Basically, it is a normal and balanced breakfast for all people – with or without diabetes.
There is bad news about breakfast on World Diabetes Day: epidemiological studies have shown that abstinence from breakfast is associated with an increased risk of type 2 diabetes. According to experts, about 20% of Germans abstain from breakfast. The age group of 18 to 30 is still half. Among other things, it can reduce the risk of type 2 diabetes, as has been shown in a study.
Some have to eat something right after they get up, others can not eat for several hours in the morning. An assessment by the German Diabetes Center (DDZ) now shows that men and women who miss breakfast have a 33% higher risk for type 2 diabetes. Findings are published in the current issue of Journal of Nutrition.
However, it has never been possible to demonstrate in what context it is related to obesity.
Since obesity and obesity are important risk factors for type 2 diabetes, the researchers also looked at the body mass index. You could see that obese people are more likely to lose breakfast than normal people.
In addition, abstinence from breakfast is discussed with weight gain.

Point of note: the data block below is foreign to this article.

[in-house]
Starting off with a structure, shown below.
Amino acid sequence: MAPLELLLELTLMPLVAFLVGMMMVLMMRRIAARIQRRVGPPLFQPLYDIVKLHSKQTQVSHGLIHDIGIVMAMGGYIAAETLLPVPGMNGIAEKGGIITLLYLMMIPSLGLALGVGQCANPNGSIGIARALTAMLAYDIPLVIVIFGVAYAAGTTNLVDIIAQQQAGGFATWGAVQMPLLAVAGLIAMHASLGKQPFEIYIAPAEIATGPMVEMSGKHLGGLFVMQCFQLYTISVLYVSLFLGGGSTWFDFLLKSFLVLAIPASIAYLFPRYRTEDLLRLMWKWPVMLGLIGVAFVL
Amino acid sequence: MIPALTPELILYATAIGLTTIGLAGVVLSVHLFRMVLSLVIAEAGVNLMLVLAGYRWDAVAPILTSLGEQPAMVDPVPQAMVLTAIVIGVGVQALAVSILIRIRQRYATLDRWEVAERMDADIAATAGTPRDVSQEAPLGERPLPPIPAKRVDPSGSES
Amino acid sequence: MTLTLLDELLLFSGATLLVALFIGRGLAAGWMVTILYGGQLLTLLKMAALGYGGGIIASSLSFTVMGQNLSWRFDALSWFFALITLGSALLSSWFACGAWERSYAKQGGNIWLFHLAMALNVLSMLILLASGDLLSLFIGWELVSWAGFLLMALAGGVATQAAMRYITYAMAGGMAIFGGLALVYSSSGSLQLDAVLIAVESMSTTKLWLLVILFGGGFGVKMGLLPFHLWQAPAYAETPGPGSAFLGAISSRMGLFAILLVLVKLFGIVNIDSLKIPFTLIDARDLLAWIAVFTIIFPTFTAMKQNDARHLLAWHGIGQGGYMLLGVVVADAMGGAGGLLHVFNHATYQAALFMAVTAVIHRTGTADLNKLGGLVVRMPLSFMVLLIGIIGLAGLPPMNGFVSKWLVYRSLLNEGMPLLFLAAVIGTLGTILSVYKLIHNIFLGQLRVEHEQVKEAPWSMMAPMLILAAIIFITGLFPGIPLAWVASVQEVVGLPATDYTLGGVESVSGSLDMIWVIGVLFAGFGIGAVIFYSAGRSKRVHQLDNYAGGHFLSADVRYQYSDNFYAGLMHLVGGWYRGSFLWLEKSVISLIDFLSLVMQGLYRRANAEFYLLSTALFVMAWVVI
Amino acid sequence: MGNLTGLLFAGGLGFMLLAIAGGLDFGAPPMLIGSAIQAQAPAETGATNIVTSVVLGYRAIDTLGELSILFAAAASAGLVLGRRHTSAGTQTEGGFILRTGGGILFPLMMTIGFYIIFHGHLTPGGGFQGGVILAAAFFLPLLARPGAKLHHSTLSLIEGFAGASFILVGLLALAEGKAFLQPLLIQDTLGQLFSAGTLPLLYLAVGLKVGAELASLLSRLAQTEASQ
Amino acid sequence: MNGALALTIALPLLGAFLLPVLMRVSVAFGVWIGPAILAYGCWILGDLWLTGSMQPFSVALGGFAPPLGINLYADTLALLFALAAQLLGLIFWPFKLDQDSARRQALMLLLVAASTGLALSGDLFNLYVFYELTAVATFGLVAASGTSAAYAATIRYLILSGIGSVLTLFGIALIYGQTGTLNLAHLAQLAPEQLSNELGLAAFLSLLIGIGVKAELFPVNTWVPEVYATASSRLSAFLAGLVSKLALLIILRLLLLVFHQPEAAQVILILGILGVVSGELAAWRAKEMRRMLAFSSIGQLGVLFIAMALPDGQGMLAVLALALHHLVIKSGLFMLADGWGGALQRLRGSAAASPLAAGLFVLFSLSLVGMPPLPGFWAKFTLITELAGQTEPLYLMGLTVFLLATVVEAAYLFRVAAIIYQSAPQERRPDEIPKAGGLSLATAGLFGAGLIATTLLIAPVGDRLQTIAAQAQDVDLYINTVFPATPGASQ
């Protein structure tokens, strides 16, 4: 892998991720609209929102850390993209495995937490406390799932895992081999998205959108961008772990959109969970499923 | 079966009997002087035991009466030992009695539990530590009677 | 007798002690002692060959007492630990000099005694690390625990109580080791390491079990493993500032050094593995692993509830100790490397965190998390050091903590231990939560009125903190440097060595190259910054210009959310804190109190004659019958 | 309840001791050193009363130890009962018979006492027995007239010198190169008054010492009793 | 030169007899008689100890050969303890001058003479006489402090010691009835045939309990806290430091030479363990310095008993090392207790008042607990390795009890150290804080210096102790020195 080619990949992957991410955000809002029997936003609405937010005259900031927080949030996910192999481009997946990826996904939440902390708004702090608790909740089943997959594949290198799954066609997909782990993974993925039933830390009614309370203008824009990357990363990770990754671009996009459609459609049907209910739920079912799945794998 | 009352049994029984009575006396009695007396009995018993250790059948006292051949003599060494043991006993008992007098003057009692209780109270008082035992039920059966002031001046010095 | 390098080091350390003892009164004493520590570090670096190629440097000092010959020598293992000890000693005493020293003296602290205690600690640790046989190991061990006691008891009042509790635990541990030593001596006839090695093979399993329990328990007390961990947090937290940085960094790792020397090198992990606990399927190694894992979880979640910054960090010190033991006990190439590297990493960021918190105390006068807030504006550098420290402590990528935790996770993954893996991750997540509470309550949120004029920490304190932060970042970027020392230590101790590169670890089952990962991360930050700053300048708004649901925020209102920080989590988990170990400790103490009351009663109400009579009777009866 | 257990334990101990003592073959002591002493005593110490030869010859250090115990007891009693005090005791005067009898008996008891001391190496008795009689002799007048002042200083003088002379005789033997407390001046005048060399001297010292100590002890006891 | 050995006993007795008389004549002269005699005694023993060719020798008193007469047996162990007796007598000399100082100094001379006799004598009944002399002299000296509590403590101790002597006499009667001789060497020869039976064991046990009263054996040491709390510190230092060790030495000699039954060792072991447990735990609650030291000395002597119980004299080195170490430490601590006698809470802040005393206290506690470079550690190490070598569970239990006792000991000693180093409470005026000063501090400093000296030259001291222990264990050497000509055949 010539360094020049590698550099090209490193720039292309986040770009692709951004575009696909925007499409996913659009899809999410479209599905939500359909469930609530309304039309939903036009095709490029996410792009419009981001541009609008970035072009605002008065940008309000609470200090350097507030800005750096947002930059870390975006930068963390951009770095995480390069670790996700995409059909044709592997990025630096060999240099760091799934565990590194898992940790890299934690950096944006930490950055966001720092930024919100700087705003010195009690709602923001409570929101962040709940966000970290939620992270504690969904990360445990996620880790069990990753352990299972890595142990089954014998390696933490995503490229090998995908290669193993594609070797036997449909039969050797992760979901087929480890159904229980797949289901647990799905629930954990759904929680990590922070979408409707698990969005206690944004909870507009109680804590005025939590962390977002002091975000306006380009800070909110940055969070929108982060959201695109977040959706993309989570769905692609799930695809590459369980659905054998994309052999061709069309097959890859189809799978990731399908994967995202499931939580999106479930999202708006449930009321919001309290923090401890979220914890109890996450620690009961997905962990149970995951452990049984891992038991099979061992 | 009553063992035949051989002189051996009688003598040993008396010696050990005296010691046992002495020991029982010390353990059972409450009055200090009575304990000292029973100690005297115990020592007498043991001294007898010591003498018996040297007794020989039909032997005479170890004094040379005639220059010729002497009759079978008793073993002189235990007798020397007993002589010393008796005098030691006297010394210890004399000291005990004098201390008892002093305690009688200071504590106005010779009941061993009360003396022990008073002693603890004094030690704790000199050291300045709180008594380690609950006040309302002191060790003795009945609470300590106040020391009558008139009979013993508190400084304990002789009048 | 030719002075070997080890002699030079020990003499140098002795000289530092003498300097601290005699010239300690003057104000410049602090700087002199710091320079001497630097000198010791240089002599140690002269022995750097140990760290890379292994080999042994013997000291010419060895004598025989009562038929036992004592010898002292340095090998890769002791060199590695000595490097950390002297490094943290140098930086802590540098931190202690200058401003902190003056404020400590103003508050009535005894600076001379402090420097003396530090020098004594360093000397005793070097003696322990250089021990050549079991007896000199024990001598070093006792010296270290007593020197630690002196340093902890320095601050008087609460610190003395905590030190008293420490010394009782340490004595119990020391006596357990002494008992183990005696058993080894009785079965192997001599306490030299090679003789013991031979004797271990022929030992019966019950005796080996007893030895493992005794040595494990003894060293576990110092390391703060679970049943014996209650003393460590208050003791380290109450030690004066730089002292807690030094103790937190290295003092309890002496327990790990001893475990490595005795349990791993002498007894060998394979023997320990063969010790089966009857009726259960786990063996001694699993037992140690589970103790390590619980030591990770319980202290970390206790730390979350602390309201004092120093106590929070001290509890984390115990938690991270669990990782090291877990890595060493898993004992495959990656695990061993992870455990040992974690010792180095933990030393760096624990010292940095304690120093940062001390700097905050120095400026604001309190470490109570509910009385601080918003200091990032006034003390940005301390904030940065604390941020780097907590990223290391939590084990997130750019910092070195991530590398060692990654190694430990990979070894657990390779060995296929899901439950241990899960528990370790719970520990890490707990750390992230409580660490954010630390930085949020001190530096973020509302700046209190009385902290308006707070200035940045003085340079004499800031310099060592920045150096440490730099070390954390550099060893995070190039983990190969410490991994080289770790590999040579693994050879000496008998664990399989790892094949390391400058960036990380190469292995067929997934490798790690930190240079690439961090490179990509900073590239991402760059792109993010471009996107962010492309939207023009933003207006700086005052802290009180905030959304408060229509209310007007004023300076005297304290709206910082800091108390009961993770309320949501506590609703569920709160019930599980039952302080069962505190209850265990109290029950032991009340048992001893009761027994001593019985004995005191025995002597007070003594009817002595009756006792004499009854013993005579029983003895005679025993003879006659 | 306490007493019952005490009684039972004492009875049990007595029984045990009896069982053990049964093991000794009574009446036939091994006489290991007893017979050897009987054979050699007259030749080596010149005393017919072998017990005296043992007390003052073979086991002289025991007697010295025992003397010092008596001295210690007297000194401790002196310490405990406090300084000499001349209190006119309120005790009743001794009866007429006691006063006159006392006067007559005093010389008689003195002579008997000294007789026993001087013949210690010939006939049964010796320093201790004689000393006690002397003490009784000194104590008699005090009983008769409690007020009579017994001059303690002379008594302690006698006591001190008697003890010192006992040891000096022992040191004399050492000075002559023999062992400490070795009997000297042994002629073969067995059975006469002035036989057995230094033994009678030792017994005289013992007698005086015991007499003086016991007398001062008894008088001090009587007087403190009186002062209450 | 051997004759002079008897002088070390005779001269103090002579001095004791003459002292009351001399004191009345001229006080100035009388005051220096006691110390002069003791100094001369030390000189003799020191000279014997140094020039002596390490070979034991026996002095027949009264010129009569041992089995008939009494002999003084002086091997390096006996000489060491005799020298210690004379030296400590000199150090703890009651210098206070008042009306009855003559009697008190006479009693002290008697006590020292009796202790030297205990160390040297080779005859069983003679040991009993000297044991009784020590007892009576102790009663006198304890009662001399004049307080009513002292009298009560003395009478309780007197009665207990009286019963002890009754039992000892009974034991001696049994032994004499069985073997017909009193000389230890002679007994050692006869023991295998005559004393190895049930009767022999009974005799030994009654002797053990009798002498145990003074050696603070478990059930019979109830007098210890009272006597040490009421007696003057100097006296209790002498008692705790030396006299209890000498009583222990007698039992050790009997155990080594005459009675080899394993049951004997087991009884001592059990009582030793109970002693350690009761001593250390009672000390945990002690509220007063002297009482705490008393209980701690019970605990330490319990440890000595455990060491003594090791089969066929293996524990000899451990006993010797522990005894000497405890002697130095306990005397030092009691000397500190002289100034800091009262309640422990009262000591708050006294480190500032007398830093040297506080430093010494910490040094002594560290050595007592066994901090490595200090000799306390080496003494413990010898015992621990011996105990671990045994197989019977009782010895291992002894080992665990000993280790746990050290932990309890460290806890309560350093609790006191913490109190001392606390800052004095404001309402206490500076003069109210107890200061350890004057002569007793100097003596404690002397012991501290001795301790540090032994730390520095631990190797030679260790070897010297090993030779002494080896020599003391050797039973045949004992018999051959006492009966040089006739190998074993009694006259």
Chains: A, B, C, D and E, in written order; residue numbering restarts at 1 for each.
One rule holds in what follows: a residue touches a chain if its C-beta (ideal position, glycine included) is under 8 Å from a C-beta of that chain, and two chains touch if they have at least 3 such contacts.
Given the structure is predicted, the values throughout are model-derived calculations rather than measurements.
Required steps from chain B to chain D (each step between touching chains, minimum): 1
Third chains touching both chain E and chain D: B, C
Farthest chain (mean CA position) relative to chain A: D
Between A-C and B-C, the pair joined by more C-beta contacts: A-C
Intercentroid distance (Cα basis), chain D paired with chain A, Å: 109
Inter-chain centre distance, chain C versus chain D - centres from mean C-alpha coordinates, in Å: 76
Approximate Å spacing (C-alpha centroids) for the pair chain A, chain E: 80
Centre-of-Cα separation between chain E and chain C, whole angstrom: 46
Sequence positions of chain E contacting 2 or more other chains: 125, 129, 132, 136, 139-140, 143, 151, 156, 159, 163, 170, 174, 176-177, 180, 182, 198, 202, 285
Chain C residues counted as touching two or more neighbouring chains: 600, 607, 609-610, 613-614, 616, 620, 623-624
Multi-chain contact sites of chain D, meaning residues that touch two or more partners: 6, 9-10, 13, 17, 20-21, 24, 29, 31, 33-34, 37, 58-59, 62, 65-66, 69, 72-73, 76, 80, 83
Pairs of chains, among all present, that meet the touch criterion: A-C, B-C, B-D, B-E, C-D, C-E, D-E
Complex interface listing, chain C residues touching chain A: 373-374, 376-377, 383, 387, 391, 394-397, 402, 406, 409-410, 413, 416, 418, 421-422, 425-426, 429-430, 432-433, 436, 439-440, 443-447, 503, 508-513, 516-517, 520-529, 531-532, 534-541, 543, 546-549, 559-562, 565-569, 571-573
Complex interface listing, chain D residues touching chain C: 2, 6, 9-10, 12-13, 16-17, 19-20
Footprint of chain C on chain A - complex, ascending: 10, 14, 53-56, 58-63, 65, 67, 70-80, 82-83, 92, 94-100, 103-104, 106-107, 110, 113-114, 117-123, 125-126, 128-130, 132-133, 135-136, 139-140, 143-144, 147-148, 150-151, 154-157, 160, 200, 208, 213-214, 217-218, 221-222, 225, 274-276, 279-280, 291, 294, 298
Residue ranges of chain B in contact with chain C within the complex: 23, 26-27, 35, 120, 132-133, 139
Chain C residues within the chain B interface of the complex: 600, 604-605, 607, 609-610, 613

The highest risk was therefore observed for abstinence from breakfast for four to five days a week. Excessive weight is one of the biggest risk factors for type 2 diabetes, often called adult adult diabetes.
In their meta-analysis, the team of scientists summarized data from six different international observational studies. There was no increased risk from the fifth day after breakfast.
"This correlation is partly due to the effect of obesity and even after BMI has been taken into account, breakfast consumption has been associated with an increased risk of diabetes," says Schlesinger, a diabetes researcher. Participants who lose their breakfast may generally have a less favorable diet, e.g. consuming snacks and beverages containing calories, being less physically active or smoking more. However, you can imagine that a healthy lifestyle is associated with regular intake of breakfast per se. Further studies are necessary, says Schlesinger, who, in addition to clarifying the mechanisms, also explored the effect of breakfast composition on the risk of diabetes.